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Durham e-Theses
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International law, Arms embargoes and the United Nations security council

Everett, Katharine Laura Ann (2007) International law, Arms embargoes and the United Nations security council. Unspecified thesis, Durham University.



Due to the political aspects of international law and the political nature of the problems involved in international relations, appreciation of the legal nature of United Nations Security Council arms embargoes is lacking. Based upon a review of the practice of the Council, this thesis explores the operation of arms embargoes within the overall scheme of international law and highlights how these measures provide an interface between the laws of collective security, armed conflict, human rights and arms control. The author outlines existing arms control regimes and the law applicable to the study of arms embargoes; ex amines the law relating to the powers of the United Nations Security Council under Chapter VII of the Charter of the United Nations and the legal limits thereto; identifies the patterns in practice by expounding the nature, scope and functions of arms embargoes and comments on the possible existence of a normative framework; explores the specific legal mandate for arms embargoes and considers possible alternative legal bases; and finally, investigates other issues of international law arising from the use of arms embargoes. The powers of the Security Council exist for the pursuit of one central outcome - the maintenance of international peace and security. This thesis argues that the logical way to achieve this outcome in situations of armed conflict is to remove the tools with which those types of threats are created and sustained. Conventional weapons (in particular, small arms and light weapons) are the principal, although not the exclusive, tools of armed conflict. Arms embargoes imposed in the context of an armed conflict can be legally justified with the simple objective of suppressing conflict by means of arms control.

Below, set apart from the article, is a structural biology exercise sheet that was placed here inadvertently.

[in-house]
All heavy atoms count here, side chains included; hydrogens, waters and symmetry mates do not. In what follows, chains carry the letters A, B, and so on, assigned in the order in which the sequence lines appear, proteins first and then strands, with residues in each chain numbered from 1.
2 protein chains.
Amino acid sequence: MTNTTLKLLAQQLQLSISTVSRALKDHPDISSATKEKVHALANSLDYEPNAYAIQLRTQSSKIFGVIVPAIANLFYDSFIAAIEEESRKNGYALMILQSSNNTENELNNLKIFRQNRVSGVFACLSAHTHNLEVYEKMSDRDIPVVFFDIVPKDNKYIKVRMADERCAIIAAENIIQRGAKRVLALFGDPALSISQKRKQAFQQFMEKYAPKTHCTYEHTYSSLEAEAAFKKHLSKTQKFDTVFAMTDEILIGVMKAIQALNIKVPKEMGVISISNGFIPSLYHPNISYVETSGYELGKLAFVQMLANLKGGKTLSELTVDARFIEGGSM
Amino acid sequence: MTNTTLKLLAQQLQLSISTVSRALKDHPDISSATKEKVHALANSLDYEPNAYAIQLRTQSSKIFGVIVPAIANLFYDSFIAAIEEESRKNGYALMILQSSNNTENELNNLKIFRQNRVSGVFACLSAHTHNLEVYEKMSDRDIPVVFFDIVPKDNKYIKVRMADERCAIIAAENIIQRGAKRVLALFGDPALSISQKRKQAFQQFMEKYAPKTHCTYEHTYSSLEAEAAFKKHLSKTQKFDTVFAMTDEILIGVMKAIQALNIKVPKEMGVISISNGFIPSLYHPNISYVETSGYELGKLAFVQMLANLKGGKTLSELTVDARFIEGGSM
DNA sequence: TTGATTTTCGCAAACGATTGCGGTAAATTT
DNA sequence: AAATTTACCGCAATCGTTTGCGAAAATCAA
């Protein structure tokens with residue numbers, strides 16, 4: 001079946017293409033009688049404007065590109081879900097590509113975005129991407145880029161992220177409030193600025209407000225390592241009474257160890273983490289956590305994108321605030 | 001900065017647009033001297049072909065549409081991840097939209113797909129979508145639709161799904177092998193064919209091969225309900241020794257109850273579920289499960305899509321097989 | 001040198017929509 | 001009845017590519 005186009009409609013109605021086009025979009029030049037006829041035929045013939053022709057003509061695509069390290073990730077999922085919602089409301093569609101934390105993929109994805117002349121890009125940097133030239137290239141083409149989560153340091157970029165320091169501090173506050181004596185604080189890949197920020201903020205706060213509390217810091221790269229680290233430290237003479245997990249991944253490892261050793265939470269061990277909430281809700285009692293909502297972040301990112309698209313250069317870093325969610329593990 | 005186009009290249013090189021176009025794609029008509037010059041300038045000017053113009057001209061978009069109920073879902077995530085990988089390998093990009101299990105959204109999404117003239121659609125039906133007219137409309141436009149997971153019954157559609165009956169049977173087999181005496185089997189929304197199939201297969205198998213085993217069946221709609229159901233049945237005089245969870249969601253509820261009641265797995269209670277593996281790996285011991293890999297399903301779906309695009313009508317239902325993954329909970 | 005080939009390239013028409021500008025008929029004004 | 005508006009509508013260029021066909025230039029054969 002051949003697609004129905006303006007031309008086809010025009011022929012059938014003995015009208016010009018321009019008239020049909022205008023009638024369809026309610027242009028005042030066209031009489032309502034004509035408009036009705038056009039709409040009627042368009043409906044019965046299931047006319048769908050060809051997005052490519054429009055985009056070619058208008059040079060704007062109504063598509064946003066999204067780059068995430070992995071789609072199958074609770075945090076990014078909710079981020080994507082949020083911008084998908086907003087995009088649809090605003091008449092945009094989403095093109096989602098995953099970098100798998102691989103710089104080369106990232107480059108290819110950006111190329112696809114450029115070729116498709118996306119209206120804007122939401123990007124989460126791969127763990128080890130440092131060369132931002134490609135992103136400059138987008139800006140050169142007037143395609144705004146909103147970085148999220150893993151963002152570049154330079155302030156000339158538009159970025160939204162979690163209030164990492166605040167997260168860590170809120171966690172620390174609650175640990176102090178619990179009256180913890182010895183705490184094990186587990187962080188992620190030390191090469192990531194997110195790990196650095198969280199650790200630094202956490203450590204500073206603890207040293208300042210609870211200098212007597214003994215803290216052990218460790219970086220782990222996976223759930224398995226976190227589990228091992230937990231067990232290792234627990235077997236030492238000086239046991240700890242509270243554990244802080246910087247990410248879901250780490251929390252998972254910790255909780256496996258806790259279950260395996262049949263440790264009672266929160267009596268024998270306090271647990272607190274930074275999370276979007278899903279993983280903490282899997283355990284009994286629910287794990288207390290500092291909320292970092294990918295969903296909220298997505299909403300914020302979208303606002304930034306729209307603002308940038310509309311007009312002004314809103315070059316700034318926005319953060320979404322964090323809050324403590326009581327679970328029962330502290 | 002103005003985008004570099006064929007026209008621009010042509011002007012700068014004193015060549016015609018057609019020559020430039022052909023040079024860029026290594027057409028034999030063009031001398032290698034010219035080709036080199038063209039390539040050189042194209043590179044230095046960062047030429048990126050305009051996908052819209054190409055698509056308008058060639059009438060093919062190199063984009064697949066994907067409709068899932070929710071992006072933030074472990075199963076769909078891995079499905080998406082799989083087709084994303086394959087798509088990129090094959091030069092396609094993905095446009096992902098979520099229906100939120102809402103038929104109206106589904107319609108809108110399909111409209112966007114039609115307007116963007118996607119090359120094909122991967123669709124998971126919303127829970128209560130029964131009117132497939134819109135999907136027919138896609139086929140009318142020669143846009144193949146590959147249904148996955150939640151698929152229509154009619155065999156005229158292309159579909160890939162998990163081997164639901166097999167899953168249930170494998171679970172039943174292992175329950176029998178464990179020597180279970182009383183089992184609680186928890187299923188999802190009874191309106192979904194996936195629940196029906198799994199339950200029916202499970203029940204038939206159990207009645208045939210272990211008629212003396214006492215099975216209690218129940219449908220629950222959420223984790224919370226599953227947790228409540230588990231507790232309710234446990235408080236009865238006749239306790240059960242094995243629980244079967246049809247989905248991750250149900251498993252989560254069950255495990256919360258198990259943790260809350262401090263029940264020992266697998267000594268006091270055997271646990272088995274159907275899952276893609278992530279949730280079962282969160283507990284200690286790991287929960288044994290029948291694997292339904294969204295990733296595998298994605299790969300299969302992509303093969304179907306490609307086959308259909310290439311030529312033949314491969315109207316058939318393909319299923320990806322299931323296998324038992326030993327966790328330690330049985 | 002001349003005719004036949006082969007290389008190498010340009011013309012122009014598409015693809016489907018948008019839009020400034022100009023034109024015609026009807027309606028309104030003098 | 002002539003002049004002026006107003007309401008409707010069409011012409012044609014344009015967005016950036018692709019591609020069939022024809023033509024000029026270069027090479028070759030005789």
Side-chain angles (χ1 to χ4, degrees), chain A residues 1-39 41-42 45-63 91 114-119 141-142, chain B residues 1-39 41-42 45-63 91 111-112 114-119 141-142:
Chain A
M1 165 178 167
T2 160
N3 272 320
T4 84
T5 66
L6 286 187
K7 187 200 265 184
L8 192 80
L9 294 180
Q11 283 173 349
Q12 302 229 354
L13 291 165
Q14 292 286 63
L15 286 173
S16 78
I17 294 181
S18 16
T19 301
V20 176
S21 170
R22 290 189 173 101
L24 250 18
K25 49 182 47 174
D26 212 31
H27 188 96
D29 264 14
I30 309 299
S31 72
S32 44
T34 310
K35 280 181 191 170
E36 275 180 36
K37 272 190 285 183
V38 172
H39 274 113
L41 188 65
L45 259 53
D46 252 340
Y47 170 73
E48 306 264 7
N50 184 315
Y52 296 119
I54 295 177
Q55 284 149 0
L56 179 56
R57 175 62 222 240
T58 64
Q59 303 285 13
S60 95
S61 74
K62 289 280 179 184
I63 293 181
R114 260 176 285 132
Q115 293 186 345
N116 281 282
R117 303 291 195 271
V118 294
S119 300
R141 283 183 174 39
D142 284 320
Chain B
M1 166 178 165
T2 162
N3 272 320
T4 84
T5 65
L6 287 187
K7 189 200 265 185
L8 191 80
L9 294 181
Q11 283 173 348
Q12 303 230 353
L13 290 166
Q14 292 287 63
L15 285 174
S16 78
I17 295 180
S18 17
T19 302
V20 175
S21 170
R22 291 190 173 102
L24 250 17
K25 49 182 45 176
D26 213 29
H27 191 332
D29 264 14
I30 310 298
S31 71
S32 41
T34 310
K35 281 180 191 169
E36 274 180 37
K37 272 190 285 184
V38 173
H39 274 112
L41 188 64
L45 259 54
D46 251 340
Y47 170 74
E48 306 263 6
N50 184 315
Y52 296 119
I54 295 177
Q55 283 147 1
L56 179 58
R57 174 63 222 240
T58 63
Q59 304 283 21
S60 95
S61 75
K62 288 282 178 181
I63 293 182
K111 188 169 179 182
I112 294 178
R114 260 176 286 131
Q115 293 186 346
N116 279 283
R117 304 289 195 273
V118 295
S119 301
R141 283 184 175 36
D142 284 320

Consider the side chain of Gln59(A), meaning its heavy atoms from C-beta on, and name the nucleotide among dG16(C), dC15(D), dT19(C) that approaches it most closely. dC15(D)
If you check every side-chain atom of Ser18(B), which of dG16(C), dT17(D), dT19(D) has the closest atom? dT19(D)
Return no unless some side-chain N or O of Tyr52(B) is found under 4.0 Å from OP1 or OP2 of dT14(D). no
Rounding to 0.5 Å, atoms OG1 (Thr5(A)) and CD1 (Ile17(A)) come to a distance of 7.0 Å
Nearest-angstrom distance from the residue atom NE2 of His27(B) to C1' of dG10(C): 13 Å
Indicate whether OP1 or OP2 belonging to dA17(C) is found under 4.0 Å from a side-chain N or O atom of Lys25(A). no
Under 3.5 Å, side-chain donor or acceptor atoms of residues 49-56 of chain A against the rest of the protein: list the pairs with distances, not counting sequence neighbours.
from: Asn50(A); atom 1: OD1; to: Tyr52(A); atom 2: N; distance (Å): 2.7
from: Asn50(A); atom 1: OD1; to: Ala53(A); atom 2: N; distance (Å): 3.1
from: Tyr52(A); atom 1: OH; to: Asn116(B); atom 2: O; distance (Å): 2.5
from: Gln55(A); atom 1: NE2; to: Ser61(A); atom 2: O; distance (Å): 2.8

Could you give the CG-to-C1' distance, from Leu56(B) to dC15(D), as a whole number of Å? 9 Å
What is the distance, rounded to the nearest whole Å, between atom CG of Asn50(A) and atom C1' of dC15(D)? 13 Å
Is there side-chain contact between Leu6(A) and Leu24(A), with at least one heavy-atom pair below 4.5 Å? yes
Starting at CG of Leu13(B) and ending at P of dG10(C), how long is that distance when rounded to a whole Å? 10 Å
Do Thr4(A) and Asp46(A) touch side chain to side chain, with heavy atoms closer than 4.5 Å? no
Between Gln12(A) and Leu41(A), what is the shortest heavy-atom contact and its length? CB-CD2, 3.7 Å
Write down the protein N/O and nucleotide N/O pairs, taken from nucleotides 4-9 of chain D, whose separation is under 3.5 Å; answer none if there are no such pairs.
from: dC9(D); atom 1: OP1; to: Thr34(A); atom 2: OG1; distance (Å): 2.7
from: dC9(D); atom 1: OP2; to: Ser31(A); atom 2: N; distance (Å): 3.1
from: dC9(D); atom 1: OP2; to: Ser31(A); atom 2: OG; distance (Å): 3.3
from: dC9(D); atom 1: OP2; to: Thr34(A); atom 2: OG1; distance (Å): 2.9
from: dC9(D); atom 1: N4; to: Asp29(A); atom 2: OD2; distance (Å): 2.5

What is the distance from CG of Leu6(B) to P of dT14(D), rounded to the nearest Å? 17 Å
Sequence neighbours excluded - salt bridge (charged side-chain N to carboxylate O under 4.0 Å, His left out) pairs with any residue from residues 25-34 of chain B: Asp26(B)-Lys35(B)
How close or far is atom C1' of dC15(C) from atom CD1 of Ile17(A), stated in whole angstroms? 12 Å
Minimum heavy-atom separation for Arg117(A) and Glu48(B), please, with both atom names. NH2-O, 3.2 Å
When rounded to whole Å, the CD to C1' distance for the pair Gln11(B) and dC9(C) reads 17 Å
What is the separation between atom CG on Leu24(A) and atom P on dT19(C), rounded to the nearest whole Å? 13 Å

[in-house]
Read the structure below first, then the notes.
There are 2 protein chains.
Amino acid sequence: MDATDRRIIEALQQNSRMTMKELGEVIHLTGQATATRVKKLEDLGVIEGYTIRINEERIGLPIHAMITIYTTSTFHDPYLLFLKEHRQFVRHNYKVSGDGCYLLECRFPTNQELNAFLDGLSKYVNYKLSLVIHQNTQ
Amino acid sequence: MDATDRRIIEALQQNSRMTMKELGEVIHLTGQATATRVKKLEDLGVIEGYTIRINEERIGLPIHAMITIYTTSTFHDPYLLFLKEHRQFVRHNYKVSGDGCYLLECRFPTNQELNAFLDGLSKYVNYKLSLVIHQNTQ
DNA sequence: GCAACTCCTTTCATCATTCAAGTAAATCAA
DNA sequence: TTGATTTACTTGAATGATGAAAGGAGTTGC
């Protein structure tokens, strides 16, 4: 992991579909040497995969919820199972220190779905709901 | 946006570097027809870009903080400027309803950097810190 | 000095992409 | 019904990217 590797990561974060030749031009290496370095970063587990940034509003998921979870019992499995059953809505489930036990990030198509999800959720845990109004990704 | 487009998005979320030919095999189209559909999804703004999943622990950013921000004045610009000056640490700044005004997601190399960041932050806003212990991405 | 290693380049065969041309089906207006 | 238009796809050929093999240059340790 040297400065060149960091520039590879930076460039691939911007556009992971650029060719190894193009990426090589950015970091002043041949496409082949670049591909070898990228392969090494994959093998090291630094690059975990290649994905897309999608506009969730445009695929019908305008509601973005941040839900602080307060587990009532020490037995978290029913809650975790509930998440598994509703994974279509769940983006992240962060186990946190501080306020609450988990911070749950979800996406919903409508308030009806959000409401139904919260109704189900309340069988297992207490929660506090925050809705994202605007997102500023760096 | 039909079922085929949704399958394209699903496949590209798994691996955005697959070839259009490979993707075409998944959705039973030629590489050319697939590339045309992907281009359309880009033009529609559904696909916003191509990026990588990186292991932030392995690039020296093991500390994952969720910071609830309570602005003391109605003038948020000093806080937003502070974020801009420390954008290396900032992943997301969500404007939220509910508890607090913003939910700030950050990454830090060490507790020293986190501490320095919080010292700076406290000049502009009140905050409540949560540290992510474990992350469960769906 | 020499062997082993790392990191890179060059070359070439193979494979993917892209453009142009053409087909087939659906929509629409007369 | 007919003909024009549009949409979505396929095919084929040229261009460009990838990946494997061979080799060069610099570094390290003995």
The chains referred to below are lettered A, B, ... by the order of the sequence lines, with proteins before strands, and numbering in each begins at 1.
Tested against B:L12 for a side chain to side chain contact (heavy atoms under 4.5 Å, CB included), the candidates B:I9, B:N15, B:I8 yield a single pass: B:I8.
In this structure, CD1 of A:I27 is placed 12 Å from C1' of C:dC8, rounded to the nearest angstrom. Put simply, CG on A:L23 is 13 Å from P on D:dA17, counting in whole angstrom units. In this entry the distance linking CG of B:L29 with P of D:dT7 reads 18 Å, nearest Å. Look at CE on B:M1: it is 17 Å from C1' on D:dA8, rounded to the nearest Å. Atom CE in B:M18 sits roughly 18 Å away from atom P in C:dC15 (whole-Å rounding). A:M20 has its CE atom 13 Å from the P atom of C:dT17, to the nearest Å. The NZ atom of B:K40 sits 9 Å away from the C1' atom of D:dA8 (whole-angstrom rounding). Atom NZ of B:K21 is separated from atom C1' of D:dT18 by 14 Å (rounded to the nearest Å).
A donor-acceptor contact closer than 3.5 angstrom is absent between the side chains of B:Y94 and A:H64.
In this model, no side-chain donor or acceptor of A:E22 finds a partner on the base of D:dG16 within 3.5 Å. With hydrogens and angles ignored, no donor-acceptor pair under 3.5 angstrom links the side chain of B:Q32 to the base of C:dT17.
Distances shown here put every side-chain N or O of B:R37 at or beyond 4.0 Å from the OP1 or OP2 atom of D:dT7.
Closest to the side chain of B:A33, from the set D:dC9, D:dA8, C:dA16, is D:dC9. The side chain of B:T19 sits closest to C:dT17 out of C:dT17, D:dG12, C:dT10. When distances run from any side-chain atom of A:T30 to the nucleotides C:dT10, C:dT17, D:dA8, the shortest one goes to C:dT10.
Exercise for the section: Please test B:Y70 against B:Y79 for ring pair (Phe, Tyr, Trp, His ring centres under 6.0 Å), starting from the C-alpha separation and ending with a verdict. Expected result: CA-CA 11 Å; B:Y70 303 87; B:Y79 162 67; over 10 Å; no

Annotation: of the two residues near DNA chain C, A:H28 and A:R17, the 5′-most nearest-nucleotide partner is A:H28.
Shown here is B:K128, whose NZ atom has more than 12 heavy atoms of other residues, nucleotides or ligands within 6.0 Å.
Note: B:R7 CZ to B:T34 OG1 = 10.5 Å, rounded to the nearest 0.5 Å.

Item Type:Thesis (Unspecified)
Thesis Date:2007
Copyright:Copyright of this thesis is held by the author
Deposited On:09 Sep 2011 09:56

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